Steve Benen picks up this argument as well. Obama camp focuses on Romney's pro-layoffs plan:
As a rule, gaffes tend to capture the political world's attention, but in this case, we have something more significant than a soundbite -- we have a policy position. Indeed, the Republican nominee for president seriously believes we can "help the American people" by laying off, not just public-sector workers in general, but specifically cops, firefighters, and teachers -- and his background as a one-term governor makes clear he means it.
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I realize the out-of-context "private sector is doing fine" line is the official new plaything, but Romney's position is substantive and important, and apparently even controversial among conservative Republicans. The differences between Obama and Romney on this have the potential to drive the presidential campaign: does it help or hurt America when hundreds of thousands of school teachers and first responders lose their jobs?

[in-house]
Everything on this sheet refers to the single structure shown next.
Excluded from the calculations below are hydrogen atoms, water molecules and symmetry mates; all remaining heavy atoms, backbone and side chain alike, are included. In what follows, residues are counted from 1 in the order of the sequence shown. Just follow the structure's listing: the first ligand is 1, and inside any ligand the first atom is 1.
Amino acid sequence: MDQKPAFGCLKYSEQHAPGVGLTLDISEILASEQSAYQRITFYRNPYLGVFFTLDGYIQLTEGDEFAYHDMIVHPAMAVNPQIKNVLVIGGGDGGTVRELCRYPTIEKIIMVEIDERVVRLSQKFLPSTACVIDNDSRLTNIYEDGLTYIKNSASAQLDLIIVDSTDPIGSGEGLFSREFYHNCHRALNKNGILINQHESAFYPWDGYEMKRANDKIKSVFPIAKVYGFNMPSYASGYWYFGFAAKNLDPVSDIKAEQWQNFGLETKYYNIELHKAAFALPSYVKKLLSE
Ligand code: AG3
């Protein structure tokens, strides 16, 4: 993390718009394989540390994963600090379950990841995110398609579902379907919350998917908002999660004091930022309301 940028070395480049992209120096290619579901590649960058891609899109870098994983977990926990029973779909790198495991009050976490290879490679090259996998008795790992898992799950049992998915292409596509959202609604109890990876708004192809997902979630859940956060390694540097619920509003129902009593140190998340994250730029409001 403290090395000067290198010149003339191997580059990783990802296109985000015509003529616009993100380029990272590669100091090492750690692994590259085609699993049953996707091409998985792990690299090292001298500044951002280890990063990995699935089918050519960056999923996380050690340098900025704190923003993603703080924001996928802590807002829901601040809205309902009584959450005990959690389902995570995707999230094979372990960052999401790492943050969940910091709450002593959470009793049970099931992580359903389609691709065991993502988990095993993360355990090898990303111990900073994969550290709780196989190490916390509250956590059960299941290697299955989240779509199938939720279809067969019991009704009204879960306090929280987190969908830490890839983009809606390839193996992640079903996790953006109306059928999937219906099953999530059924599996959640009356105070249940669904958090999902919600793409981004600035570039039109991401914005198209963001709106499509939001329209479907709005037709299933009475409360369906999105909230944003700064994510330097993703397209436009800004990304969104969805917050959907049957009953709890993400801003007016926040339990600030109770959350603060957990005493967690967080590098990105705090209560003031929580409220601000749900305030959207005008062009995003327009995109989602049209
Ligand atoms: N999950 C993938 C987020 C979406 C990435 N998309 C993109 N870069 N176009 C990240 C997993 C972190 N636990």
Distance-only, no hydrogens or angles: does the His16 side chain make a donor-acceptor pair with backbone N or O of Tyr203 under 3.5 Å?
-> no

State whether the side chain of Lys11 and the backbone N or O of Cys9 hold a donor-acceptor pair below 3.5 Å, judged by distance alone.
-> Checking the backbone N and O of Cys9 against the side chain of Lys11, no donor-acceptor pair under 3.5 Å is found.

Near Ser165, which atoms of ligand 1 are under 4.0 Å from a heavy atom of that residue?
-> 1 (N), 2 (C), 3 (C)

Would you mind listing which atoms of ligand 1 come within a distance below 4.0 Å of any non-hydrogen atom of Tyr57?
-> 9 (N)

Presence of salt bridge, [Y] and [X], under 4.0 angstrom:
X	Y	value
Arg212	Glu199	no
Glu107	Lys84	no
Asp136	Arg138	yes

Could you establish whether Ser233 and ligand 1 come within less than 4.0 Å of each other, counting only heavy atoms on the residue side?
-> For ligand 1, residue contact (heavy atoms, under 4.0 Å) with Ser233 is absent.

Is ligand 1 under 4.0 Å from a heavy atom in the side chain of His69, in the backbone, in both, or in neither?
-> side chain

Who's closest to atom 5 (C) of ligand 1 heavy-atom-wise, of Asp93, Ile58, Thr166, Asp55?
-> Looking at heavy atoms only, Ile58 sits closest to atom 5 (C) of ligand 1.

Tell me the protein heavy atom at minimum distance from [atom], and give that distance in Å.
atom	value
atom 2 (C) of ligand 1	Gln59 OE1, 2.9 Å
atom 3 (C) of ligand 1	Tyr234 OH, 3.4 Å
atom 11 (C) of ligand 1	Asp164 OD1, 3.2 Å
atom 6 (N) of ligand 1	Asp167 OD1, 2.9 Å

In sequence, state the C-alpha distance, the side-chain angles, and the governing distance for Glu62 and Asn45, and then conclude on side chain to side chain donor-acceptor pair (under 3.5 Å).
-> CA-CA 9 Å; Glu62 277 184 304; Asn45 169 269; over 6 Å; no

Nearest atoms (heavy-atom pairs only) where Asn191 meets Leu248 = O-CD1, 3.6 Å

For the first time in generations, the two major-party presidential candidates answer that question differently.
So let's have the debate and see what voters think.
Keep in mind, Obama's Jobs Act intended to protect or create 400,000 jobs for school teachers, police officers, and firefighters. A CNN poll taken at the time found that 75% of the public -- and 63% of self-identified Republicans -- endorsed this jobs proposal. It would suggest Romney has a tough case to make to the nation.
But he planted a pro-layoff flag anyway, which clearly deserves some follow-up. The question for the GOP candidate seems pretty obvious: Dear Mr. Romney, please explain why America will be better off when more teachers, cops, and firefighters are unemployed.